If I thought it would be feasible, the only thing for sale at my pub would be my beer. Brewing it, drinking it and sharing it with other people are the driving forces behind this whole process. Craft beer isn't as prolific as its media coverage seems to imply, though. Individuals may go out of their way for it, but groups of people generally demand a variety of drinks. Selling nothing but house beer might work in a bar-heavy block of NYC with lots of pub crawlers, but it wouldn't fly here. Not yet, at least. Enter Jane, who will hopefully quit her job soon so we can tell you who she is :).
The word 'brewpub' is synonymous with food, but would we really need to make it ourselves? Early in our conceptual planning, we figured we could set up a deal with someone like Glass Nickel and have our food catered, sort of like how High Noon Saloon does. I started being honest with myself, though, about why I choose certain bars over others. When I go to the Great Dane, for example, it's usually for a meal. Even though they brew great beer, I'd rarely go there if the food wasn't stand-alone good. If that's true for me, a @#$% brewer, how could I expect other people to behave differently? Selling food that's already available around town would satisfy hungry people who are already at the pub, but it probably wouldn't draw new people in.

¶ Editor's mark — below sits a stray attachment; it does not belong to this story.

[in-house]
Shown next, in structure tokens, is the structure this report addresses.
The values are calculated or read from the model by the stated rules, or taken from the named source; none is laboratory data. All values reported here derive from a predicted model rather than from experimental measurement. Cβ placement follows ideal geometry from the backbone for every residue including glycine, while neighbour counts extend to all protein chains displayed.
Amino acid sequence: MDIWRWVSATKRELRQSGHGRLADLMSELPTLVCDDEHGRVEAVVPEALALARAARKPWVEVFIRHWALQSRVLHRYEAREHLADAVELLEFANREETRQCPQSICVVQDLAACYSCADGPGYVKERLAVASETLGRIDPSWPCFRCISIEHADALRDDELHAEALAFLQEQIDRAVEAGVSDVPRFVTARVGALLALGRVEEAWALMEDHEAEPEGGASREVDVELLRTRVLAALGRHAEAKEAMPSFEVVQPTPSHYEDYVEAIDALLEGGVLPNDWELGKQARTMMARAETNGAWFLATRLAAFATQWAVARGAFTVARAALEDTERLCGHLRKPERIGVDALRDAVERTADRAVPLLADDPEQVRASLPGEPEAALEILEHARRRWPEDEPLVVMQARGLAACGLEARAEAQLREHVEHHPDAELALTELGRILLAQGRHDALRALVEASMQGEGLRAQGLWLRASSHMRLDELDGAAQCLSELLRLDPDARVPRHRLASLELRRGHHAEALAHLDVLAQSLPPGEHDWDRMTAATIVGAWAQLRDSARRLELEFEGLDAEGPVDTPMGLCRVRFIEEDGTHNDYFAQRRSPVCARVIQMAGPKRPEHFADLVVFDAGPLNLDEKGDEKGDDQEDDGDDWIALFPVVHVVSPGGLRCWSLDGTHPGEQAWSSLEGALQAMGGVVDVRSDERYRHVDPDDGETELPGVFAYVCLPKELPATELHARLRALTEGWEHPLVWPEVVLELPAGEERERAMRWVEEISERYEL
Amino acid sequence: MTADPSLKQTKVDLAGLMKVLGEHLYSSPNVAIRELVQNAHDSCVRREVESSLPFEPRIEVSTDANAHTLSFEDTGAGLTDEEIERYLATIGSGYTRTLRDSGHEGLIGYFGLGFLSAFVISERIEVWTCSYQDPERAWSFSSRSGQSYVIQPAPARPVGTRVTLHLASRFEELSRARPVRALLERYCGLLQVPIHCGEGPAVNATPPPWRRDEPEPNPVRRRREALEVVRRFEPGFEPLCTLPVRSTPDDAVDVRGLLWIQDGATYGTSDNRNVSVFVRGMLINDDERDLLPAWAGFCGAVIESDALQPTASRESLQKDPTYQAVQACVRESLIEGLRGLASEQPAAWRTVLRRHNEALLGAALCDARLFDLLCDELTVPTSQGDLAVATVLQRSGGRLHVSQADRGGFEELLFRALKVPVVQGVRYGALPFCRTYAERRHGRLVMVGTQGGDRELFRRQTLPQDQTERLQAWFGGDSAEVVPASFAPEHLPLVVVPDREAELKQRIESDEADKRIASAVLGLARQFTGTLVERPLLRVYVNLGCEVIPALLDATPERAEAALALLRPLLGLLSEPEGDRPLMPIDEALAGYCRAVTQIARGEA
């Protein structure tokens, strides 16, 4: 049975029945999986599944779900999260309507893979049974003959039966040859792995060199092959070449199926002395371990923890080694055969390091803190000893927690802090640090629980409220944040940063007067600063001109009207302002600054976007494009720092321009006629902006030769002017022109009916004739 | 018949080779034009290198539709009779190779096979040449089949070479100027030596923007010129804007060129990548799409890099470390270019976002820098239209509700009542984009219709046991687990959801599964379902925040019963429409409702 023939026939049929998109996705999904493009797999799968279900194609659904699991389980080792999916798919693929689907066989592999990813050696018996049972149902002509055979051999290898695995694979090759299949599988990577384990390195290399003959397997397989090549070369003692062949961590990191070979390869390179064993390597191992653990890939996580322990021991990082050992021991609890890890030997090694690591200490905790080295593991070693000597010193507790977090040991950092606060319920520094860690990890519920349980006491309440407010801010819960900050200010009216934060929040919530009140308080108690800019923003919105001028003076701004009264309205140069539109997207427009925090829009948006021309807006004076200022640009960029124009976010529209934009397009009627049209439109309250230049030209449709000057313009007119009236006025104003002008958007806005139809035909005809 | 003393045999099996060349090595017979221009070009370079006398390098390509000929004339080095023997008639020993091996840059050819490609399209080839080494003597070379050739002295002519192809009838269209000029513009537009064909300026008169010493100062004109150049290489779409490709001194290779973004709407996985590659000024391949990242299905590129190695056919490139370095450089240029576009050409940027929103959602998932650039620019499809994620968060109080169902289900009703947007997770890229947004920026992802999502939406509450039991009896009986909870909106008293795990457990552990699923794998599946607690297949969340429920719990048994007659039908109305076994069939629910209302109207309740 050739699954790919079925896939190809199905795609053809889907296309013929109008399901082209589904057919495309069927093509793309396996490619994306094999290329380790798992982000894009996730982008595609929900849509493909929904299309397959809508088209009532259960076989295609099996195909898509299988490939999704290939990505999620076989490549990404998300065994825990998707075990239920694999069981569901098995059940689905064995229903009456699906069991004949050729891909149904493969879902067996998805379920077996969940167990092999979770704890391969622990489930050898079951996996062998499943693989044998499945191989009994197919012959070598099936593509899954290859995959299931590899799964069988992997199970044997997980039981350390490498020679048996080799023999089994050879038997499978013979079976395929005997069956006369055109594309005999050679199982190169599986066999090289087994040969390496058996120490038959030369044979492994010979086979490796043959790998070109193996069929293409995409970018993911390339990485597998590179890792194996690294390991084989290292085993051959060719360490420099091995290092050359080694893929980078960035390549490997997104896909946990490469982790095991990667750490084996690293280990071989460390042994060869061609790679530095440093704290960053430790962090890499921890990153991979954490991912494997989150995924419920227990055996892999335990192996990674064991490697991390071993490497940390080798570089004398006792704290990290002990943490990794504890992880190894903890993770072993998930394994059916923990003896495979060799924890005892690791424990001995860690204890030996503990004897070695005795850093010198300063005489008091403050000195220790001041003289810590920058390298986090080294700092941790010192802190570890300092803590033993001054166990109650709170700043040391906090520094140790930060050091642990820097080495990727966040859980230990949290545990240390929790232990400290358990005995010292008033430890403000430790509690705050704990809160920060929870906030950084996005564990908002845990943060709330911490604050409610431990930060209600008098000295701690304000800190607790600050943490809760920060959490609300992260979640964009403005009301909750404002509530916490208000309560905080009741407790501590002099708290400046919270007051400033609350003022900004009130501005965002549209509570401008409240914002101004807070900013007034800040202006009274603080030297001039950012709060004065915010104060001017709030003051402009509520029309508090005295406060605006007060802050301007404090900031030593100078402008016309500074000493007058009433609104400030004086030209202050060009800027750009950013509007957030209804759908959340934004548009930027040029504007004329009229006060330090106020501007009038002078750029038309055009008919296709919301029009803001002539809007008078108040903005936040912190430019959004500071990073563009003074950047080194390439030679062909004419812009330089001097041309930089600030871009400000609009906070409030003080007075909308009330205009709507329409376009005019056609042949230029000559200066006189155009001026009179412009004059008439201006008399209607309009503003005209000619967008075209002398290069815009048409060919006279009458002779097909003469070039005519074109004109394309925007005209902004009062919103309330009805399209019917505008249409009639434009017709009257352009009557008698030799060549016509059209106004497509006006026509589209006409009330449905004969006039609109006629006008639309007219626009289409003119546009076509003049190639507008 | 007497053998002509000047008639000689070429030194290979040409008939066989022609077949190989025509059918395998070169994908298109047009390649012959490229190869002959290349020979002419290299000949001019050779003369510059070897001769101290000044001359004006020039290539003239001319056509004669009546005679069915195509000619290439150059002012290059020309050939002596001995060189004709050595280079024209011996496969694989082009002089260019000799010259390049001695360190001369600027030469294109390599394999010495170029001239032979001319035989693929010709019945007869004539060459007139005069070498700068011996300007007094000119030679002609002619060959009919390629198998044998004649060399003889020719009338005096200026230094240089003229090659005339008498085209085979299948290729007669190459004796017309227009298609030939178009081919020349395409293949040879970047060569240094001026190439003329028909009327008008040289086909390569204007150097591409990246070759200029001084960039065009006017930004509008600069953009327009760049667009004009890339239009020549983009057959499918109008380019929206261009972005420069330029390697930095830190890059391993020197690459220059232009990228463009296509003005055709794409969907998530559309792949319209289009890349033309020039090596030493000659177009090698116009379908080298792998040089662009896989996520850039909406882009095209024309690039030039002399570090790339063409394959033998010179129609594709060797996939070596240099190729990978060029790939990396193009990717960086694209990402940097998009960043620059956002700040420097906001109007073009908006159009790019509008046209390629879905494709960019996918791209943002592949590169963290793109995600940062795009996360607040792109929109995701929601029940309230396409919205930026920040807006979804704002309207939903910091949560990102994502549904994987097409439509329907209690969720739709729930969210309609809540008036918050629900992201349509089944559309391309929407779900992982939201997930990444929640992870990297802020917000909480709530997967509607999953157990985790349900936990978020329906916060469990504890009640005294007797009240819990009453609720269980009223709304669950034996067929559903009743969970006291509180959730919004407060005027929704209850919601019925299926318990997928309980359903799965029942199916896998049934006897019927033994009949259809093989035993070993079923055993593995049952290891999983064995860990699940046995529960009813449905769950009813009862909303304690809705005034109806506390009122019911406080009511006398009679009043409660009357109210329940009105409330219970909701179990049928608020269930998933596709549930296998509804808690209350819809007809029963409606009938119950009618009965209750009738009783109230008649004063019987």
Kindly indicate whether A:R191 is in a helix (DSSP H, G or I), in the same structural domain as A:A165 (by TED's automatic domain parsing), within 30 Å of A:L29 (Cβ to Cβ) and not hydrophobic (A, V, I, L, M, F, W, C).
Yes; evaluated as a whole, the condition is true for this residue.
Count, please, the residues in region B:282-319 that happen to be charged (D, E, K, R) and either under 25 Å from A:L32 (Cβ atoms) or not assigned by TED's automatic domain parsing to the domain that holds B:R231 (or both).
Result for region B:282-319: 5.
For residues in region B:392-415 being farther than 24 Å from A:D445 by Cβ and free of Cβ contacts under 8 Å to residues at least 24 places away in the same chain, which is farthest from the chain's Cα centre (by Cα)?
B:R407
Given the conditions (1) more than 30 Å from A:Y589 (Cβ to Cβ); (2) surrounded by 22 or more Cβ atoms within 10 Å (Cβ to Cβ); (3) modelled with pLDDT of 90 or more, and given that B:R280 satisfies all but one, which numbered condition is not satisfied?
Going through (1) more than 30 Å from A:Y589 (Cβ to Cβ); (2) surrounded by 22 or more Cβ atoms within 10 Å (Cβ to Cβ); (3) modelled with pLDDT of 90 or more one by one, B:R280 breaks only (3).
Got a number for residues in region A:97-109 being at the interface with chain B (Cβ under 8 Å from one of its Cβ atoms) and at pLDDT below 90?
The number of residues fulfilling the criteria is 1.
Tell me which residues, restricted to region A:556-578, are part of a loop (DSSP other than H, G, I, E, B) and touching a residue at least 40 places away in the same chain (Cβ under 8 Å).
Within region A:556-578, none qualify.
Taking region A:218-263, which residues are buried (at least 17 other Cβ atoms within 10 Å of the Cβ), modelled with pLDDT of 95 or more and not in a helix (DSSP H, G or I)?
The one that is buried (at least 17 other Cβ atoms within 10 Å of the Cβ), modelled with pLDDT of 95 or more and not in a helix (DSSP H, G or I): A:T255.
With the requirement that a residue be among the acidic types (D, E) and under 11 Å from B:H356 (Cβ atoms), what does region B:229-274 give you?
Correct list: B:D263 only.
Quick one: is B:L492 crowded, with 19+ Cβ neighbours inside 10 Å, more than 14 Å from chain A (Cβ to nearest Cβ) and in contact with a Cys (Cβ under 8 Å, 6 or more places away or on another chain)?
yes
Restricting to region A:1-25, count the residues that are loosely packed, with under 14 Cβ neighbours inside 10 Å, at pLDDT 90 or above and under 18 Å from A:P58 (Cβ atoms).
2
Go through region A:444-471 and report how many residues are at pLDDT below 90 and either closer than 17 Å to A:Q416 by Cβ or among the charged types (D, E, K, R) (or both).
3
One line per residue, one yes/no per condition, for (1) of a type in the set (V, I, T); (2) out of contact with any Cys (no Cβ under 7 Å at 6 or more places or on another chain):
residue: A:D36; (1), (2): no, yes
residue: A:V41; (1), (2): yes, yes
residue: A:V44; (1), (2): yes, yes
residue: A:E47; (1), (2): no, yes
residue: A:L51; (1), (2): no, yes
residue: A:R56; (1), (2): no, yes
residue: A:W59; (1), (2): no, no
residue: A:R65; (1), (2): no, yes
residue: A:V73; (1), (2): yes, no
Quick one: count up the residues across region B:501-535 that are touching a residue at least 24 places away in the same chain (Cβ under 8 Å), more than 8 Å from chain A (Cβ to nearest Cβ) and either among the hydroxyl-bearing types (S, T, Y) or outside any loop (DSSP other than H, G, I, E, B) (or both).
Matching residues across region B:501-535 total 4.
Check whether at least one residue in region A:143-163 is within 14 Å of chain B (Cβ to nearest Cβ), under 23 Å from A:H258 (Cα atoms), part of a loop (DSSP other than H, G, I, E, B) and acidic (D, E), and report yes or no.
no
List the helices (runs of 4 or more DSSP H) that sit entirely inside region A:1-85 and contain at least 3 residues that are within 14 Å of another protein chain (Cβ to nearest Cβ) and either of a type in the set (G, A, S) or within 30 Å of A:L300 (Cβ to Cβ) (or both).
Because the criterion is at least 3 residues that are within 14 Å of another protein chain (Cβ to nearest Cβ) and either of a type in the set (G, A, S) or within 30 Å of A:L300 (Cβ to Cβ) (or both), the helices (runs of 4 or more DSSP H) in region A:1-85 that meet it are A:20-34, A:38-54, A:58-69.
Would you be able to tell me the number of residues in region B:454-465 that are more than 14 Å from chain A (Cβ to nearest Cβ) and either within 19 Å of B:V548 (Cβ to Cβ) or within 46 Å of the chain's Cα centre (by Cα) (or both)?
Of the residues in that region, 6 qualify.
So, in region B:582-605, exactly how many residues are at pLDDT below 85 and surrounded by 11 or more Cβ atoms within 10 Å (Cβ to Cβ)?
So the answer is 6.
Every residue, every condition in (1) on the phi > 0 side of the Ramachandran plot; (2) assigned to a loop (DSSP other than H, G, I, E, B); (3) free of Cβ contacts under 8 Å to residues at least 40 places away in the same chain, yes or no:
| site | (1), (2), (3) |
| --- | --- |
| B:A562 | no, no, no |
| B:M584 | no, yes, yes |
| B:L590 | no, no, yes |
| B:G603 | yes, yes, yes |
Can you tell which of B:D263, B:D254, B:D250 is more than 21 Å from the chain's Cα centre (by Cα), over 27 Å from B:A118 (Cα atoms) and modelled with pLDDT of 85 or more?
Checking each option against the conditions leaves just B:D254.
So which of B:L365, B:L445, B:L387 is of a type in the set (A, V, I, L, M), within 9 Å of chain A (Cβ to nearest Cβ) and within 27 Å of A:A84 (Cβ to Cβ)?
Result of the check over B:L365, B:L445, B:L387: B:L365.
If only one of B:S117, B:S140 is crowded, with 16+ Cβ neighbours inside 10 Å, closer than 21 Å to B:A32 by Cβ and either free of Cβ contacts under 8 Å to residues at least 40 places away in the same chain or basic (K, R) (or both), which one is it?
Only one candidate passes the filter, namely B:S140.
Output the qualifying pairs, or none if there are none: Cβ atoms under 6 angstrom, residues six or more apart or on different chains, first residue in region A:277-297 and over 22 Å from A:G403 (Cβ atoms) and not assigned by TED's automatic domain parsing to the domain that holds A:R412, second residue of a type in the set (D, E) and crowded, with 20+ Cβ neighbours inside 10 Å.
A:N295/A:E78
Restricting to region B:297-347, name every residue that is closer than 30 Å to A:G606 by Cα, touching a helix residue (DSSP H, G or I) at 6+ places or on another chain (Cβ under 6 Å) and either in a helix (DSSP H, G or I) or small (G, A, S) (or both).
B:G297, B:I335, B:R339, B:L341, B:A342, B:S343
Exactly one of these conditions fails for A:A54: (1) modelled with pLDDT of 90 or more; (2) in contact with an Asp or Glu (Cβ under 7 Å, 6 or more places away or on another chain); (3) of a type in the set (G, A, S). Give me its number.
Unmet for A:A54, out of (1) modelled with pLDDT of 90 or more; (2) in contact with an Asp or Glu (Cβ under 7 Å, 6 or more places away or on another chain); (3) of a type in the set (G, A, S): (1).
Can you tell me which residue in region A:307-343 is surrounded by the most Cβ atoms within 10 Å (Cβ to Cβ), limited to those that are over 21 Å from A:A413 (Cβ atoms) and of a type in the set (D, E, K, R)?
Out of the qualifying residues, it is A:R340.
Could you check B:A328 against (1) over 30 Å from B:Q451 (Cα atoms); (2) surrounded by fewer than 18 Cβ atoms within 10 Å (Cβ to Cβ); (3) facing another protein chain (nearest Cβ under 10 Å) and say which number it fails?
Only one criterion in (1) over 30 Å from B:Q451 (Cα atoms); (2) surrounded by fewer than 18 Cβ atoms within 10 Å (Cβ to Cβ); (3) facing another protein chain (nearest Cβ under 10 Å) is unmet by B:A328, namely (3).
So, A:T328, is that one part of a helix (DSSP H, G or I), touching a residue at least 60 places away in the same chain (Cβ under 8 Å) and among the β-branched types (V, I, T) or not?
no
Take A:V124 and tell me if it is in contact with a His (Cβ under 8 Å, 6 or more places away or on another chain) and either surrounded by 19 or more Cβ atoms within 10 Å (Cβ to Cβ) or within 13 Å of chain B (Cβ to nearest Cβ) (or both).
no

Enter Tristan Straub. Tristan is a chef at the Maple Bluff Country Club, and had previously cooked at L'Etoile. His altar ego is SiNiK.aL.KiNiD, an artist trying to find a home for hip-hop in Madison. We're extremely impressed with his food knowledge and he's helping us figure out things like ingredient sources, recipe design and kitchen layout. We're hoping he'll stick with us for a while, and even let us pay him at some point. Right now, though, he insists on helping us out of the goodness of his heart. We'll take it!